This LP from Robert Millis is a reflection on the fact that early shellac and wax cylinder records were fleeting novelty items, and decidedly temporary, at odds with the long-term collectivity and adoration that they inspire in some today. The source material is predominantly the surface noise and hiss from old records, but with a large helping of atmospheric and melodic ambient sounds to provide meat as well. Due to the deliberate artifacting, it was mastered twice, once for vinyl and once for digital, with apparently very different results, so I should say I’m commenting on the digital version here, where a lot of the crackling sounds feel almost electronic, like sci-fi locust noises, and not old but rather surprisingly new and clean.
The real composition, if you like, is actually the slow glass-like melodic elements that run underneath the noise, while old shellac recording material as found sound is sometimes more of a cameo than the central focus (final track “Lament (I Always Hesitate)” sums this up in barely one minute). On the first side of the LP is a single 20-minute piece “Samsara” which is extremely spacious, almost barren, but with slow changes in this fragile tone keeping a dynamic going, while the second side contains six shorter pieces with a bit more diversity. Pieces like “Matters Of Court”, are generally a little more traditionally composed, bordering at times on abstract symphonic, with some beautiful string work, while “Further Evidence To The Contrary” is an interesting little piece from the softest edge of glitch work. The fragile tones return with the almost-choral atmosphere of “Only Here For A Short While”, before being interrupted very abruptly by an old spoken-word recording, and for contrast, the almost inaudibly low drone of “Theories Of The Lower Twelve” wanders into sonic space that old vinyl could never get anywhere close to reproducing.
As love letters to old shellac and vinyl go, this one is rather obscure. But as an experimental ambient work that eats up the ambitious challenge of merging vinyl found sounds with some absolutely gorgeous melodic elements, it’s rich and impressive.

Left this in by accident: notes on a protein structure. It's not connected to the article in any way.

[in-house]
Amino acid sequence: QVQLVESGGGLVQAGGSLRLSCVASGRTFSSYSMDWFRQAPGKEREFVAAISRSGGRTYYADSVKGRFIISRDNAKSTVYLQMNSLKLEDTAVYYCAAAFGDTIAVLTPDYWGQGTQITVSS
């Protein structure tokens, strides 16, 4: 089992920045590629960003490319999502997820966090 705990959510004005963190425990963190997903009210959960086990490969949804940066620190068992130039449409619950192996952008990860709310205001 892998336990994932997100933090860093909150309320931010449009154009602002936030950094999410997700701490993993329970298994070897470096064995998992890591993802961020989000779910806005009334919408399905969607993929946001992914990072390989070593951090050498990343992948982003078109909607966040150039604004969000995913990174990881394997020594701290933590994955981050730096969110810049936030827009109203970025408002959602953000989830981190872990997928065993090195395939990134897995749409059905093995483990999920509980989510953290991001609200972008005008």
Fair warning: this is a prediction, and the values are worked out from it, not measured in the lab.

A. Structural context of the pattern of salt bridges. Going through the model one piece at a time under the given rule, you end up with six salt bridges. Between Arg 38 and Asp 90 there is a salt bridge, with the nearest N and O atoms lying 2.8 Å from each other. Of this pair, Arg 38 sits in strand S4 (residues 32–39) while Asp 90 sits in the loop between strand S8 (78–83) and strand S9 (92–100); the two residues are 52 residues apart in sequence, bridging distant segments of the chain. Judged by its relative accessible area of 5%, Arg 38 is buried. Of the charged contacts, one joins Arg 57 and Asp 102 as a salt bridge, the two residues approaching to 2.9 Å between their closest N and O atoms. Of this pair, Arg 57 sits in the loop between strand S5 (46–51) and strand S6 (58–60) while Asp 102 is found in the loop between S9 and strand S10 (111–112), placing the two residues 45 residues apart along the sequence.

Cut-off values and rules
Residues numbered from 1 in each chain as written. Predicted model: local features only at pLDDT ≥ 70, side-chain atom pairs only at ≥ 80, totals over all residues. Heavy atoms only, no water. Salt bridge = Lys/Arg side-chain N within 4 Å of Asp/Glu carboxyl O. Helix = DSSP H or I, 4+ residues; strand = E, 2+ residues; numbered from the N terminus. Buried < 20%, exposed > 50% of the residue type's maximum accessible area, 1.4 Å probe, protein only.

When you have instrumentation credits that include "Baseball, Ping Pong, Stringed Instruments, Toys, Violin, and Broken Hurdy Gurdy," you know that you are in for an interesting ride. What we have here is some minimalist experimental improvisation. One image that came to my mind is being in a shopping mall during the holidays and listening to the clumsiest gift wrappers you've ever heard continually dropping rolls of paper, dropping the tape, dropping the scissors, and tearing the paper as they rip and shred and wrap gifts. In the background a guitarist is tuning their guitar. Kids are walking around hitting things and bumping into stuff. On "Quartet 2," they shift gears a bit as we're treated to some bizarre scat singing over the music. The final track, Quartet Live," was recorded in 2001 and weighs in at a hefty 46 minutes. It opens up slightly minimal and pretty raw; a bit too minimal for my tastes as it opens up. They really begin hitting their stride around 20 minutes in as the percussion elements are highlighted. Later on, some voice comes to the forefront, but this is the kind of voice that is like a child making noises when playing as if they're a plane shooting down things or choking or coughing up phlegm. Later on, the strings come in with full force as they feverishly scrape and bow on violin or whatever else they have hanging around. At the end it winds down to a nice calm conclusion. If you enjoy really experimental improvisational music, this may be worth checking out. This album weighs in at around 76 minutes.
Larme Secrete marks the first collaboration between the veteran duo of Marc Hurtado and Pascal Comelade (whose toy instrument work I’ve encountered before). Sometimes new pairings can feel instantly assured, as though they’ve been collaborating for years, while sometimes the artists can end up playing it safe and being friendly, which can result in less experimental or less energetic output. With this album, it feels like a bit of both has happened. Comelade takes on the instrumental duties, with Hurtado out front on vocals and ‘sounds’, and a handful of extra musicians drafted in for guitar and drum work. The result is somewhere on the soppier, more lazy-afternoon side of avantgarde rock.